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WEDNESDAY OF LENT WEEK 5 



The Passion of Christ, like innocent suffering everywhere, suggests how wonderfully and tragically we are interwoven as human beings. It is a very crude and often cruel understanding of karma to say that when bad things happen it’s a result of our own actions. There is such a thing as chance and, although everything except Being itself has a cause, causes can be random. It’s not all about bad luck, however, there is the power of darkness arising from the action of a deluded individual, such as a global tyrant, which affects the world and whose effects last for generations.
 
By darkness I am thinking of ignorance, unenlightened consciousness and the incapacity to feel the feelings of others. Think of the ripple effect of the Holocaust or the pain and resentment of the Palestinian children in Gaza today or an incident of child abuse in an ordinary family that takes decades to be exposed. The interdependence of human beings is so astonishingly infinite in its nature that nothing except the principle of unity can explain it or cure us when we have been wounded by chance or darkness itself.
 
Yesterday I asked about the meaning of the idea that the world is illusory. It would be insulting to dismiss the suffering of a child or a torture victim as illusory and just say ‘meditate your way into oneness and everything will be alright.’ When you feel pain, it is very real and justice demands an immediate compassionate response from any human person, stranger or friend, who can offer it. The victim – it is not demeaning to be called a ‘victim’ of an earthquake or a war – has been hurt through no fault of their own and is innocent.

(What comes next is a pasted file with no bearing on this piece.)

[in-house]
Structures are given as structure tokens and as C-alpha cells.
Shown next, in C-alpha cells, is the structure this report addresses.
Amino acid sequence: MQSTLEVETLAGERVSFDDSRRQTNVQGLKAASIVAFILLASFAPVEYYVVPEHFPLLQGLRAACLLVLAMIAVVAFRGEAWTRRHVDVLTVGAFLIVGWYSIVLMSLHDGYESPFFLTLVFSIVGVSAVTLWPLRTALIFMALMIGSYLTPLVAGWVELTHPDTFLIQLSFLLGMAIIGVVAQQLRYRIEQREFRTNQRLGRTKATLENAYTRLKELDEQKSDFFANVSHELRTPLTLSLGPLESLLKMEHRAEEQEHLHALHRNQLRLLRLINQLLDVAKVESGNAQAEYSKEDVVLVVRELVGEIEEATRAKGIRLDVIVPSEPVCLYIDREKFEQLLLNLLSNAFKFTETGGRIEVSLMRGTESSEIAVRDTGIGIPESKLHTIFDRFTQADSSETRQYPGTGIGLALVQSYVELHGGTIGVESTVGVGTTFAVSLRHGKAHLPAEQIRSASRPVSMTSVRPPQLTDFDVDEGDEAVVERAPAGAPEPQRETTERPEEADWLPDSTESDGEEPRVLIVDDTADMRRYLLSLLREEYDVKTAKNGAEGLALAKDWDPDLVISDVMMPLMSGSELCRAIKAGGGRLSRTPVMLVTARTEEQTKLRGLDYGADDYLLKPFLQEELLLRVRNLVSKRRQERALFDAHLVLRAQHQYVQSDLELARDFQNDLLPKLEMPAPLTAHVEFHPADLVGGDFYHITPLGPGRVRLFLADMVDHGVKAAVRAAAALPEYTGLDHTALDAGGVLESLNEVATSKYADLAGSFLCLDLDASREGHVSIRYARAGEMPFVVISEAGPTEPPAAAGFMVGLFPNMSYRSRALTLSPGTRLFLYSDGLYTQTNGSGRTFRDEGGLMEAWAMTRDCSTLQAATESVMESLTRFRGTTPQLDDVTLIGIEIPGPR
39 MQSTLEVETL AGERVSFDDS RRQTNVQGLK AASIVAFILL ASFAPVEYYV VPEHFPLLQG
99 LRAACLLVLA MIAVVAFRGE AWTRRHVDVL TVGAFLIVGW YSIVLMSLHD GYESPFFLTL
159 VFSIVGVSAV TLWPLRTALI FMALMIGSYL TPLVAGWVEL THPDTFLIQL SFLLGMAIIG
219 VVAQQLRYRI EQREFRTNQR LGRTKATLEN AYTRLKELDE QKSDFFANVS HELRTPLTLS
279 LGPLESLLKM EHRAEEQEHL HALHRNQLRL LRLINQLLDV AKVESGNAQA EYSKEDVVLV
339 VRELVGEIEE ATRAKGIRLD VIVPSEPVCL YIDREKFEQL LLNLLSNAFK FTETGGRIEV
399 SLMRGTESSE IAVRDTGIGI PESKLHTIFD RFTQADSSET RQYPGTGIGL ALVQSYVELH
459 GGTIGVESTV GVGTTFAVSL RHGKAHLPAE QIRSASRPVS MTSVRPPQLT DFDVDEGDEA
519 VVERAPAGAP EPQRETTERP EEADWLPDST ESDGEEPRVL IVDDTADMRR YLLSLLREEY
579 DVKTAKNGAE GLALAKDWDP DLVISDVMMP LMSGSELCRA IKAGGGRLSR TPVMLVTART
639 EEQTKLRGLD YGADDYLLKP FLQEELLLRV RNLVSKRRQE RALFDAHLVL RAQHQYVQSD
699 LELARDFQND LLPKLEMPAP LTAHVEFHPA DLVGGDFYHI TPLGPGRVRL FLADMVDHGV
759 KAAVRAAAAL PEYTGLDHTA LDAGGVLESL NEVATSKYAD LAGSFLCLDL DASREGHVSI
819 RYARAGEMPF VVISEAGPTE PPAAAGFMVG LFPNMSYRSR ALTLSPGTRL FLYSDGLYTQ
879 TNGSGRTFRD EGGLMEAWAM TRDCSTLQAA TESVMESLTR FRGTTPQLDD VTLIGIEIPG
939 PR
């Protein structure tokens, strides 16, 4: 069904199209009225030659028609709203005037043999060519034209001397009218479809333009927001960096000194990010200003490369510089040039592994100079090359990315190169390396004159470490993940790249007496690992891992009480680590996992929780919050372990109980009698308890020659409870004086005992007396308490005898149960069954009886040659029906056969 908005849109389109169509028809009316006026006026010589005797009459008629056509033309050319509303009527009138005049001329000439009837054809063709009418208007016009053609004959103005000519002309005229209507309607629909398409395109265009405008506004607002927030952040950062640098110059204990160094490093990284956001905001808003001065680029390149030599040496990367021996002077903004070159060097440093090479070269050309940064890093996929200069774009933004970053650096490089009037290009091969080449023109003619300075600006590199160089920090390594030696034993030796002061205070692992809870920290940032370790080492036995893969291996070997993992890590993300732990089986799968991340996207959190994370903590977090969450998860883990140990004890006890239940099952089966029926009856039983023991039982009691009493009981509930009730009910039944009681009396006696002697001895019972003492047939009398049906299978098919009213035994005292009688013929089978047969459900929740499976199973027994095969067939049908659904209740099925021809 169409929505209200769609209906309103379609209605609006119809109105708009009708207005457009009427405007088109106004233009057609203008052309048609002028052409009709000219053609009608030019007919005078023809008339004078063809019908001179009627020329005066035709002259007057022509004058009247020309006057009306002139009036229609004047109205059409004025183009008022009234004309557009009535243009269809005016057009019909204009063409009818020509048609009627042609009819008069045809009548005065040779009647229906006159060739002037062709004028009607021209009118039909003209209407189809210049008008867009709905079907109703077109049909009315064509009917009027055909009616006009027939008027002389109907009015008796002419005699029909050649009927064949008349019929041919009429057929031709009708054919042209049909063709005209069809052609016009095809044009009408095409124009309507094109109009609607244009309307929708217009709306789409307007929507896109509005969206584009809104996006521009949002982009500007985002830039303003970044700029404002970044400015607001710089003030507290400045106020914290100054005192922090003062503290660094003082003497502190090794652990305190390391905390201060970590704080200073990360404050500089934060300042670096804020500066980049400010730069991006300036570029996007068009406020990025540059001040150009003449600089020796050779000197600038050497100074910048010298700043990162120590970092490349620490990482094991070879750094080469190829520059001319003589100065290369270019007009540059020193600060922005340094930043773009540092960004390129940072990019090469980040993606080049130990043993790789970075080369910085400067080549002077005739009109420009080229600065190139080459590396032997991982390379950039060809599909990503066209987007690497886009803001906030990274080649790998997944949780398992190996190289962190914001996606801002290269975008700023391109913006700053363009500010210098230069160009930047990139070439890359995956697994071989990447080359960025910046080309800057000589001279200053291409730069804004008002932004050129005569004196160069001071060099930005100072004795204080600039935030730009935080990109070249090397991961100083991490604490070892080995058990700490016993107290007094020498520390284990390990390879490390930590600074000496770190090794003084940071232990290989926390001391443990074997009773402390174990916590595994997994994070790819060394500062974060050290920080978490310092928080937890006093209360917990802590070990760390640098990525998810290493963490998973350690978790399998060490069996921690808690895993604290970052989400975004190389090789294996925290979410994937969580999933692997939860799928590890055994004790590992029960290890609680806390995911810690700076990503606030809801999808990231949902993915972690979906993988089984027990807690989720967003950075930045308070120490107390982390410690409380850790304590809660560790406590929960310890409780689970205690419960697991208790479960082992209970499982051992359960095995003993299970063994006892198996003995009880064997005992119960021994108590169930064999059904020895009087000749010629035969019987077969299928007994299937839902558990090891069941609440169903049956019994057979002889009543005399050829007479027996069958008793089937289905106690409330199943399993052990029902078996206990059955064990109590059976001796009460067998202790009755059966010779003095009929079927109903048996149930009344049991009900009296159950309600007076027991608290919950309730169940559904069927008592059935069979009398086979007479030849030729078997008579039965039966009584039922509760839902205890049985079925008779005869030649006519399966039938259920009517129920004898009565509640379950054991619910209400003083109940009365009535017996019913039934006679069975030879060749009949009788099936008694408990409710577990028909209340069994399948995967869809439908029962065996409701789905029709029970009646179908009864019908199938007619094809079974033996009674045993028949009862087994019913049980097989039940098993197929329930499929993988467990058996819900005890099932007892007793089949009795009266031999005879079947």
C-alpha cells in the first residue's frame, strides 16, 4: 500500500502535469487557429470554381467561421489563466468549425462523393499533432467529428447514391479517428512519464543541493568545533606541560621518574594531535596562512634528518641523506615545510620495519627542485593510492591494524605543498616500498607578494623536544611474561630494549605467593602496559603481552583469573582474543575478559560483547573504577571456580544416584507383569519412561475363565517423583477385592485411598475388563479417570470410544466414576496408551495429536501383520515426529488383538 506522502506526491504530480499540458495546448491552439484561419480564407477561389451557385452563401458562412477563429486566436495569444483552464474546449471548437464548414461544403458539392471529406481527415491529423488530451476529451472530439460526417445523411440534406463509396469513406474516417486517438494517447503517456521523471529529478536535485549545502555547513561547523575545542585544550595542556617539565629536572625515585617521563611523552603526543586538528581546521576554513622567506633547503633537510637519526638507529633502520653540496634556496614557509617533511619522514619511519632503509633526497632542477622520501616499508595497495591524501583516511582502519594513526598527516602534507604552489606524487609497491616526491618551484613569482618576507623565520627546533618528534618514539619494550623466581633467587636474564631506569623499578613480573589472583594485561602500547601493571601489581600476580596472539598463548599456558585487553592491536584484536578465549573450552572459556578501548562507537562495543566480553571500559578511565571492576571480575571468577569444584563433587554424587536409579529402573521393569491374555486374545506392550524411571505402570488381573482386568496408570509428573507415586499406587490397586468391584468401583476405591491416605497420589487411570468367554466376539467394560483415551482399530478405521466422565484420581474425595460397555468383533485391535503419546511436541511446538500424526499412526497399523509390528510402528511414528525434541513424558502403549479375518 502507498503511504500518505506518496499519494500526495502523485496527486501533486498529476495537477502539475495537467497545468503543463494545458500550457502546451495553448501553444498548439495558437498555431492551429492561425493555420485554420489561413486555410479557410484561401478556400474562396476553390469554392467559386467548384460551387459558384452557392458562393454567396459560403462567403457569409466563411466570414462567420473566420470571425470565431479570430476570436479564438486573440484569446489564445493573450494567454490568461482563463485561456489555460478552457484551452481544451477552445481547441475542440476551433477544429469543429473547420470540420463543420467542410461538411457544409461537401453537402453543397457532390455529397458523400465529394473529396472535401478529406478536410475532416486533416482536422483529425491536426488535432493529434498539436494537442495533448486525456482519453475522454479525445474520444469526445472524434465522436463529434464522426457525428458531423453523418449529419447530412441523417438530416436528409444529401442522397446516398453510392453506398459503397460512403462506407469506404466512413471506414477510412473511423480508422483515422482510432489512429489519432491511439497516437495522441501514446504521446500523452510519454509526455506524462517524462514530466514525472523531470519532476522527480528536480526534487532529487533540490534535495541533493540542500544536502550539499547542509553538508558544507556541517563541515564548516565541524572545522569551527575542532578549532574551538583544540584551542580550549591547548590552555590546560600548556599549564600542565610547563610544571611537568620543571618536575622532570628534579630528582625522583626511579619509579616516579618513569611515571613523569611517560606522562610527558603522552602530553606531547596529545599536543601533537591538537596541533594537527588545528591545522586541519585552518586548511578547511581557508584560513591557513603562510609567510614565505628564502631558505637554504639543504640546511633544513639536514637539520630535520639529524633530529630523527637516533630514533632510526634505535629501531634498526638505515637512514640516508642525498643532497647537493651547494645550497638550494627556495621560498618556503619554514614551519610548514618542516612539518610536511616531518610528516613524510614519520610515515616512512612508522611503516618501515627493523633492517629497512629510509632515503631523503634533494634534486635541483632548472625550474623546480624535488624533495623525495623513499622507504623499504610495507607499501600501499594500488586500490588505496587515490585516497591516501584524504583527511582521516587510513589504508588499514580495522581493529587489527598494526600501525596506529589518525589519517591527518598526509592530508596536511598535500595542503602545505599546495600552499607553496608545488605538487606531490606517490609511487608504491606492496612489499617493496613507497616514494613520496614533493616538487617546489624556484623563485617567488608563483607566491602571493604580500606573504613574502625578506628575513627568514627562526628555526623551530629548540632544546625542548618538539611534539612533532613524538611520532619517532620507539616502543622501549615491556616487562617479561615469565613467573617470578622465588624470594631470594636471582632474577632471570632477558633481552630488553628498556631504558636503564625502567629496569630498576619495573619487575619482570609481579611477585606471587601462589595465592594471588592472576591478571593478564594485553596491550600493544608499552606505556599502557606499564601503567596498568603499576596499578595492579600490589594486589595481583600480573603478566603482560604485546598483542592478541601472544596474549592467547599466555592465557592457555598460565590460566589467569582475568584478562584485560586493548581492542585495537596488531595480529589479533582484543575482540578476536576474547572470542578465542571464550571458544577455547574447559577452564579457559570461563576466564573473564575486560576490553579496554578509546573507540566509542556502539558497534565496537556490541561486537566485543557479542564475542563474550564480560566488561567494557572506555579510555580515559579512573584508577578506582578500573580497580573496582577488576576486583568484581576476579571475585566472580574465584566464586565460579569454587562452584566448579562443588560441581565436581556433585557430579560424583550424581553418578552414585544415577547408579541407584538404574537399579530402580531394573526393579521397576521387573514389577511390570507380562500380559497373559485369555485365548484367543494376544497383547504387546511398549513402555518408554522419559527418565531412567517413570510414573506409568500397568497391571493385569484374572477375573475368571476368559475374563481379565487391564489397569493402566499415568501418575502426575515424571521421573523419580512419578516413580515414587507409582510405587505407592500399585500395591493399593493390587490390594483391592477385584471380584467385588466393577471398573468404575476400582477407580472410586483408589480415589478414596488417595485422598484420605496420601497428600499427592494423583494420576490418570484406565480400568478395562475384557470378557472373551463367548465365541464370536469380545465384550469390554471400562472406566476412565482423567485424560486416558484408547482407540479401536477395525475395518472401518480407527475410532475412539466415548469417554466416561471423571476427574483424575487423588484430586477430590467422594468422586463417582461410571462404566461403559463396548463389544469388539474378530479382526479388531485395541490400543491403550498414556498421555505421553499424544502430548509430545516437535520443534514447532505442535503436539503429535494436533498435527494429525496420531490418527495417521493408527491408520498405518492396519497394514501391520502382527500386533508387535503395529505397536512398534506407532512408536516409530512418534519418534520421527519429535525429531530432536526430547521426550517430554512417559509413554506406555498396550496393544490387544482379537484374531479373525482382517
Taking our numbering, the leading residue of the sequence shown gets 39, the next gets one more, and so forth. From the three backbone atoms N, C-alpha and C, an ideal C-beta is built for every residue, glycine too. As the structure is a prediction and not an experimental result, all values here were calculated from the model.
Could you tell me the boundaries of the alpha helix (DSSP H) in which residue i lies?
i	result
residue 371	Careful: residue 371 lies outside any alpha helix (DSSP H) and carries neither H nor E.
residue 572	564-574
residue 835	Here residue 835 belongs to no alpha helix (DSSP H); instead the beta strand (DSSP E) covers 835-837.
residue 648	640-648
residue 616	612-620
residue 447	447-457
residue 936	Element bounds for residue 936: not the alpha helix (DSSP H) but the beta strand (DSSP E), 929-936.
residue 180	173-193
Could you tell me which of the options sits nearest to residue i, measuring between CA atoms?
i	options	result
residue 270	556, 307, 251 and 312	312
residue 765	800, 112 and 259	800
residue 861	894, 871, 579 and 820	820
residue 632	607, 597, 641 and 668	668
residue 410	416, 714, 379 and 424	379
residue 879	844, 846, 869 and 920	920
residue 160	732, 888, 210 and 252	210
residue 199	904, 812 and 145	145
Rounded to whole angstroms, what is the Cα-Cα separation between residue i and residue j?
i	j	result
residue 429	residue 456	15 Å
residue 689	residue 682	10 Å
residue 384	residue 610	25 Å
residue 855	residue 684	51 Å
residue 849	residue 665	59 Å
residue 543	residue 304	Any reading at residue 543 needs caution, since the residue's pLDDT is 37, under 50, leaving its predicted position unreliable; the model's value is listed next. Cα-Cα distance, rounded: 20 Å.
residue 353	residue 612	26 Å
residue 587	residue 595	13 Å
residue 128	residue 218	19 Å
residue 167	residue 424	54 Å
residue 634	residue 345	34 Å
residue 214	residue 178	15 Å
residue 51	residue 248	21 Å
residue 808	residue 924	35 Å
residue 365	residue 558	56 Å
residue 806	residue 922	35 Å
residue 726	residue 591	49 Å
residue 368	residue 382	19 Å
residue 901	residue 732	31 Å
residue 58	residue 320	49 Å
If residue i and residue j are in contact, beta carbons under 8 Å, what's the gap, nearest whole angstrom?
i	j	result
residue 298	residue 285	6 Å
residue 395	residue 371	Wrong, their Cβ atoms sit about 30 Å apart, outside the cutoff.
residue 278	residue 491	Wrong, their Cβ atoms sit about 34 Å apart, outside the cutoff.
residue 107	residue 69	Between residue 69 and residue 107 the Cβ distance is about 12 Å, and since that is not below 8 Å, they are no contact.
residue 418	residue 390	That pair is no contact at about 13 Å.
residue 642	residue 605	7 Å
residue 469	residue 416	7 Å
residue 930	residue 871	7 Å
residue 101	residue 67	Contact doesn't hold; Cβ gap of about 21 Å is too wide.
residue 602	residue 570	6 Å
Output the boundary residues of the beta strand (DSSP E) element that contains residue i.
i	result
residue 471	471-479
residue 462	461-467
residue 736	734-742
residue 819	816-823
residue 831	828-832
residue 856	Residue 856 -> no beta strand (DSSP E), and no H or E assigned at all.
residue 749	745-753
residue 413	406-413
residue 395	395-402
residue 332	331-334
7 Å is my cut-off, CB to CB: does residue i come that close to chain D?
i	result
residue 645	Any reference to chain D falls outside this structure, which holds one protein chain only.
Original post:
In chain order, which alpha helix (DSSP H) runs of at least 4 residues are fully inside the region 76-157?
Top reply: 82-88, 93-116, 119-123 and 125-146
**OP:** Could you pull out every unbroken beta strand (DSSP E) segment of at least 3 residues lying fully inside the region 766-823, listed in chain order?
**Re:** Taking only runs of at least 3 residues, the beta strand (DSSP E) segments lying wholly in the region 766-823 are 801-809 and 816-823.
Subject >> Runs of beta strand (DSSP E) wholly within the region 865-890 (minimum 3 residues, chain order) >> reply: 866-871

Innocence is the true essence of human nature and indeed of creation itself. It is what it is. When we see that the pain was inflicted through the cruelty of another person who could not understand what they were doing because they themselves were incapacitated by ignorance, we encounter the cosmic power of innocence, the goodness of creation. Even ignorance is an affliction with its own hidden causes. Jesus on the Cross asked the Father to forgive his murderers because ‘they do not know what they are doing’. He was invoking the power of truth to dispel the illusory nature of ignorance. The whole gospel is present in this, his last act on earth.
 
The unreal nature of the world we make up as a result of ignorance, pain and fear is tough, mean and tenacious. Rational argument rarely even dents it. All you can do is shoot down the drones it sends to attack the innocent before they do harm. We are trapped in our own crossfire: violence is the product of ignorance and history is its video loop.
 
Recall a time when you were locked in conflict from which there seemed no escape. Was there a moment when you or another softened and said, I’m sorry, or let’s talk or let’s start again? One word or a look is enough because love is the sole reality. Compassion, humour or forgiveness releases it from the prison of fear which is the breeding ground of the virus of illusion. Ignorance lifts like the mist. All its complicated constructs melt into air. A new world is born. At the end of his last play Shakespeare, who practiced illusion to reveal truth, understood that seeing the illusory nature of things is the reason to be cheerful:
 
Be cheerful, sir. / Our revels now are ended. These our actors,/ As I foretold you, were all spirits, and/Are melted into air, into thin air./ And, like the baseless fabric of this vision,/ The cloud-capp'd towers, the gorgeous palaces,/ The solemn temples, the great globe itself, /Yea, all which it shall inherit, shall dissolve. 
​
Laurence Freeman
Lenten Reflections 2024
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